MonthJune 2012

Flawed But Indispensable Take Down of Malcolm Gladwell

SHAME Project, an organization founded by Yasha Levine and Mark Ames of The Exile, recently published a lengthy critique of writer Malcolm Gladwell. I finally read it, and recommend it even though it is a flawed piece. Highlights:

While a student at the University of Toronto, Gladwell’s admiration for Ronald Reagan led him into conservative activist circles. In 1982, while still an undergrad, he completed a 12-week training course at the National Journalism Center, a corporate-funded program created to counter the media’s alleged “anti-business bias” by molding college kids into corporate-friendly journalist-operatives and helping them infiltrate top-tier news media organizations. To quote Philip Morris, a major supporter of the National Journalism Center, its mission was to “train budding journalists in free market political and economic principles.” Over the years the National Journalism Center has produced hundreds of pro-business news media moles, including top-tier conservative talent like Ann Coulter and former Wall Street Journal columnist and editorial board member John Fund.

After graduating from University of Toronto in 1984, Gladwell spent a few years bouncing around the far-right fringe of the corporate media spectrum. He wrote for the American Spectator—notorious in the 1990s as the primary media organ promoting anti-Clinton conspiracy theories—as well as the Moonie-owned Insight on the News. From 1985-6, Gladwell served as assistant editor at the Ethics and Public Policy Center, which was created to bridge the gap between neoconservatives and Christian fundamentalists and help the two hostile factions to come together to counter a common enemy: activists fighting for economic justice. Rick Santorum was a fellow at EPPC until June 2011, when he left to concentrate on his attempt to secure the 2012 GOP presidential nomination. […]

At the New Yorker, Malcolm Gladwell developed another branch of his branded Malcolm Gladwell, Inc. business: as a highly-paid corporate speaker. Indeed, Gladwell is ranked as one of the highest-paid speakers in America today, commanding anywhere from $40,000 to $80,000 for a single talk to corporations and industry groups eager to pay for his soothing wisdom. In 2007, Fast Company estimated Gladwell does “roughly 25 speaking gigs a year, his current going rate some $40,000 per appearance.”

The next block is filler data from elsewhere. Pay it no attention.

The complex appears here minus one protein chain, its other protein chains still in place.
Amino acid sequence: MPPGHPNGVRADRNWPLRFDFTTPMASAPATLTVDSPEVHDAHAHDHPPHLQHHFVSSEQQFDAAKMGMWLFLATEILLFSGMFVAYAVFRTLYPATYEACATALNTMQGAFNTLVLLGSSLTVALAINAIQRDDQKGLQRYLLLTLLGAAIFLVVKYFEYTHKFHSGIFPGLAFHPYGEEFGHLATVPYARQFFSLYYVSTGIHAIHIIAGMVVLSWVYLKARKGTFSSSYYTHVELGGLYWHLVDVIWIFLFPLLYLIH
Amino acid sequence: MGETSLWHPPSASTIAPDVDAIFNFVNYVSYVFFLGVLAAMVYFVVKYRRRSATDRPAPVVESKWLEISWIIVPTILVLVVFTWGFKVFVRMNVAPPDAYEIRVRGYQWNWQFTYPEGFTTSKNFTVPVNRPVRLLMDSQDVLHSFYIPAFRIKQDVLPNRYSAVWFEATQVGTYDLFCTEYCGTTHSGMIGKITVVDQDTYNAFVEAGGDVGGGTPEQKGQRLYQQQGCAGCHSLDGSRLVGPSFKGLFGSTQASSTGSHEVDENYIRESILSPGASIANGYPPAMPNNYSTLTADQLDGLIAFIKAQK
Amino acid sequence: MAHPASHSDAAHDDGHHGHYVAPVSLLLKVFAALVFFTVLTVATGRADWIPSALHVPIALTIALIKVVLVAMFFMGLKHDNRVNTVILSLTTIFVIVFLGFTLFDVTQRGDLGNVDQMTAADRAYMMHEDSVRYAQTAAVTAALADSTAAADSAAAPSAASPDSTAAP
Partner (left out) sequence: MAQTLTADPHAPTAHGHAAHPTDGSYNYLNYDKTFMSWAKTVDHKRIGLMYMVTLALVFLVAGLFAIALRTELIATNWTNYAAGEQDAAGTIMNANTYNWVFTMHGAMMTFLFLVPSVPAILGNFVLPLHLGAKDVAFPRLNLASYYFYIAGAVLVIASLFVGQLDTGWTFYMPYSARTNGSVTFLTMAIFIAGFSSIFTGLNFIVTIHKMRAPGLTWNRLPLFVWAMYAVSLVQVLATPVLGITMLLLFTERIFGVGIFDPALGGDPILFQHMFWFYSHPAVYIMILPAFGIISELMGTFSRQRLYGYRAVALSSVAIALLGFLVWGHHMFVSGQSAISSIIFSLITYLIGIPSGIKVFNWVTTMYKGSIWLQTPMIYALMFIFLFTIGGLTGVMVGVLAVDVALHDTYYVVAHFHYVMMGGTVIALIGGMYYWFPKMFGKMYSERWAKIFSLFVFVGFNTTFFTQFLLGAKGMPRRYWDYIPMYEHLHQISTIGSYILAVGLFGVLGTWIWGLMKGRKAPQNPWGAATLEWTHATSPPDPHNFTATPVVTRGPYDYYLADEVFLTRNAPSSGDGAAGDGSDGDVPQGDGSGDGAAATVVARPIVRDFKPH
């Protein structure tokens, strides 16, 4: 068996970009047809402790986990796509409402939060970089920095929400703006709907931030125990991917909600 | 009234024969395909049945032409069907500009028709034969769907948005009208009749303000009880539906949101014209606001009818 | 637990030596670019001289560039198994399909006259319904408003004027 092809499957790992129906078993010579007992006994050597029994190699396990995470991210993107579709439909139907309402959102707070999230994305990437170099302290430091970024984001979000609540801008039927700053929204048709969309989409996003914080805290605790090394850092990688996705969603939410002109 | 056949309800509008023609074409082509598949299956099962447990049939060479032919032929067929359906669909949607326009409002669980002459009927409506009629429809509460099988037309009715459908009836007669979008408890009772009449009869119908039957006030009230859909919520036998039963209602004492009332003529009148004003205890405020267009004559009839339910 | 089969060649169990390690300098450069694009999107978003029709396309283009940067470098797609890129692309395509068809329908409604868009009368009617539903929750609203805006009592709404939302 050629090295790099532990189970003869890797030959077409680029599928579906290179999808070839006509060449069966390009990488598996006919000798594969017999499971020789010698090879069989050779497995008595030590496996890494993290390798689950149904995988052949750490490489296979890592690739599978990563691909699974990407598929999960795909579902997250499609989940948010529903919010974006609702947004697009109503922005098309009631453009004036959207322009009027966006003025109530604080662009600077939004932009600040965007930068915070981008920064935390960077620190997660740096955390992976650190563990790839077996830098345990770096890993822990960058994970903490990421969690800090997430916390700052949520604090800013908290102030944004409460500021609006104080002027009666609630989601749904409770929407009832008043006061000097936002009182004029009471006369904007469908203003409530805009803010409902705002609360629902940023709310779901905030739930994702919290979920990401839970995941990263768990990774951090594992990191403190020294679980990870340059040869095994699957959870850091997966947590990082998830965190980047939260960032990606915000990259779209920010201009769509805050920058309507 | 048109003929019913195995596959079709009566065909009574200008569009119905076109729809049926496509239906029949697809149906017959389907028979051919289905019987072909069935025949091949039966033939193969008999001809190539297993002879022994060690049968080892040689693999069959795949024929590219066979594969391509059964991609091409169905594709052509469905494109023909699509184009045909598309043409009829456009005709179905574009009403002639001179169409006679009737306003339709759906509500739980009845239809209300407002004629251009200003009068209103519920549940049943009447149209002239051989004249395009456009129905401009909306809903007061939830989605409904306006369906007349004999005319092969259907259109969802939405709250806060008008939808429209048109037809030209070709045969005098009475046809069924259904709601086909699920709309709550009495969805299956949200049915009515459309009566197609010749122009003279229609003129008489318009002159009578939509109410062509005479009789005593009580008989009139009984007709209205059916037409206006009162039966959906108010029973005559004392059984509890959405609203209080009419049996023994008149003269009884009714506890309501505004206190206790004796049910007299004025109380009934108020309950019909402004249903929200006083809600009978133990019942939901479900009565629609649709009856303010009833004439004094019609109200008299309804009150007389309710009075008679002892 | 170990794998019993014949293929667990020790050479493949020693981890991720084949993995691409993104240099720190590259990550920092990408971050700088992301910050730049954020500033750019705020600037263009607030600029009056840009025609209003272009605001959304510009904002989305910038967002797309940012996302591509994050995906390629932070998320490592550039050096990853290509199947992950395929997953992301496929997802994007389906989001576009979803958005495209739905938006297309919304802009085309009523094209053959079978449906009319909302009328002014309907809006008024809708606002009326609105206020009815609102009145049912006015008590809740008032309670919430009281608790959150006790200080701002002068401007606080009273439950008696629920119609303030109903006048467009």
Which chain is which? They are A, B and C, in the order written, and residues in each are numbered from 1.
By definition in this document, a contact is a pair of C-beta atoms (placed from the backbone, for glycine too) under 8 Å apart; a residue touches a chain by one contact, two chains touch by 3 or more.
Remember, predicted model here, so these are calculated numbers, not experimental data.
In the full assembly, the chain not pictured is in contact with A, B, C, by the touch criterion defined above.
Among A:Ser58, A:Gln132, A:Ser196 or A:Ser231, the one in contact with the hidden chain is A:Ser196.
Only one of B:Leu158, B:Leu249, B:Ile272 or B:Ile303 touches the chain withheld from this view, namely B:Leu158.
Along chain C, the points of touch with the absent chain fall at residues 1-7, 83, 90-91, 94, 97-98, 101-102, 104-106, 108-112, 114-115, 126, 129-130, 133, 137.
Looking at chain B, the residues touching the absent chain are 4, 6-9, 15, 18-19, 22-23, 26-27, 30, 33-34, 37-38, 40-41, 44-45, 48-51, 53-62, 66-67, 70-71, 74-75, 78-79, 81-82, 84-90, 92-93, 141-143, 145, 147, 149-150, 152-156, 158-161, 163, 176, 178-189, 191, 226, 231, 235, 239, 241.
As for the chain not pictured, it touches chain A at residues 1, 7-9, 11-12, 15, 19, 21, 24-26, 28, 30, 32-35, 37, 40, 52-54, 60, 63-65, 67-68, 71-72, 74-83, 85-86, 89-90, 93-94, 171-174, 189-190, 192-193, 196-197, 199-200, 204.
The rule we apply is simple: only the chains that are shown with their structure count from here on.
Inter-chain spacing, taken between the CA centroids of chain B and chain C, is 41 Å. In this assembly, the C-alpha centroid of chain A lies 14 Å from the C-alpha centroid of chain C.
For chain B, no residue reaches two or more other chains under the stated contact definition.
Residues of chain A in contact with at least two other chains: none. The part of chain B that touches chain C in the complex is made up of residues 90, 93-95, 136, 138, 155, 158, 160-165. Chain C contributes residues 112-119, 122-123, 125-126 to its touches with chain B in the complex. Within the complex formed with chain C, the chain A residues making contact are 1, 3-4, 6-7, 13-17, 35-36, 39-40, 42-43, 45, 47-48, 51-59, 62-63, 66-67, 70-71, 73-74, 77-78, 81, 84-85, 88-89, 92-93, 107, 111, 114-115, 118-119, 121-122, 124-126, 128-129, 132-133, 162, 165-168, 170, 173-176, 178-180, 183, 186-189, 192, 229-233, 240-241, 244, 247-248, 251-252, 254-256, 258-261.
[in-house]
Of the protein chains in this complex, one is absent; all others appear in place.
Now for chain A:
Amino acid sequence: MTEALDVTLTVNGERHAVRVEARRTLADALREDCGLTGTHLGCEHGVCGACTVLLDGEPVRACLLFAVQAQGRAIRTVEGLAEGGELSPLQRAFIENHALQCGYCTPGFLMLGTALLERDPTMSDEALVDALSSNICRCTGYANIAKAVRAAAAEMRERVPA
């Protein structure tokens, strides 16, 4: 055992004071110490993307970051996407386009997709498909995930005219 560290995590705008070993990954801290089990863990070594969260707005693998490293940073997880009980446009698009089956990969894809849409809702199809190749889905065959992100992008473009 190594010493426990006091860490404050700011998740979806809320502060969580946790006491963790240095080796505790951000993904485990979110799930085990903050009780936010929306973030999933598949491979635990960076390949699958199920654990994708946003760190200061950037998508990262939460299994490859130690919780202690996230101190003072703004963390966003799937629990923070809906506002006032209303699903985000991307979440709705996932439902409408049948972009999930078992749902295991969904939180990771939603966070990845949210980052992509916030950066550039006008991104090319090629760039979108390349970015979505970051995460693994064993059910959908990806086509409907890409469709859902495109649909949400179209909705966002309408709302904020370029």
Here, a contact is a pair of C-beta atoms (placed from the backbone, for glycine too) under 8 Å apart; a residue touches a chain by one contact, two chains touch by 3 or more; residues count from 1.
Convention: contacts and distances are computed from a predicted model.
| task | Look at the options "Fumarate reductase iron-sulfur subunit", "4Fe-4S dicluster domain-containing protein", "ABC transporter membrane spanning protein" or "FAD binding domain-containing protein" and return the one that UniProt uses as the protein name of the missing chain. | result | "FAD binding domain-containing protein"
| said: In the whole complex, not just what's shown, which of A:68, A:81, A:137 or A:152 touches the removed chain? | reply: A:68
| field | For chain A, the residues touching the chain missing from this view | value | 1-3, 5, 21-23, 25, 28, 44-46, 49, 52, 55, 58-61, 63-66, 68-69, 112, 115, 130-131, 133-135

That would translate into roughly $1 million that year in speaking fees alone—four times what he made at the New Yorker in 2005. It’s a huge amount of money, as far as speaker’s salaries go. For comparison: Mitt Romney only made $500,000 in speaking fees in 2010.

Most news organization have specific rules and guidelines about speaking fees, and some—including the Wall Street Journal, Bloomberg, and the Washington Post—ban their journalists from taking fees for speeches. But the issue is far from settled, and regularly comes up in debates about journalistic ethics. Jonathan Salant, former president of the Society of Professional Journalists Washington chapter, considers corporate speaking fees to be outright bribes. He’s not the only one.

In a March 2012 article in the Columbia Journalism Review, Paul Starobin wondered if speaking fees are a “dark and an indelible stain on journalism” and noted that most journalists would not talk openly about the details of their corporate speaker side-gigs on the record and that some tried to prevent their names from being mentioned at all.

Full Story: Naked Capitalism: Malcolm Gladwell Unmasked: A Look Into the Life & Work of America’s Most Successful Propagandist

(via Innovation Patterns)

There’s an excellent conversation on MetaFilter. Here’s an interesting point from Mr.Know-it-some:

I stopped reading after “the notorious National Bureau of Economic Research, an organization with ties to the tobacco industry and bankrolled by the biggest names in right-wing corporate propaganda funding.” NBER is probably the preeminent economic research organization in the United States, if not the world, whose (approximately 1000) members include left-wingers like Joe Stiglitz and Paul Krugman. (Yes, you might argue that it leans a bit corporate, but calling it “notorious,” is simply ludicrous.)

(Though someone else on the thread points out that Paul Krugman actually did briefly work for Enron).

The thread hits all the points I would want to make about what’s good and bad about the piece. It’s clearly an example of the “hit piece” genre, but it does make good points.

Maias wrote:

What’s equally infuriating is that sometimes his arguments— and those of pharma— are correct. The case of ADHD drugs is one instance: some people are genuinely helped and their stories get drowned out in the cries of “drugging our kids” and “overmedication.” The idea that crack dealers or tobacco companies are solely responsible for addiction is genuinely problematic— it ignores the fact that people with addiction *do* tend to have underlying issues and the fact that humans have always sought consciousness alteration. Making this case does not mean you are a pharma or a tobacco shill, merely that you have read the literature and know something about drugs.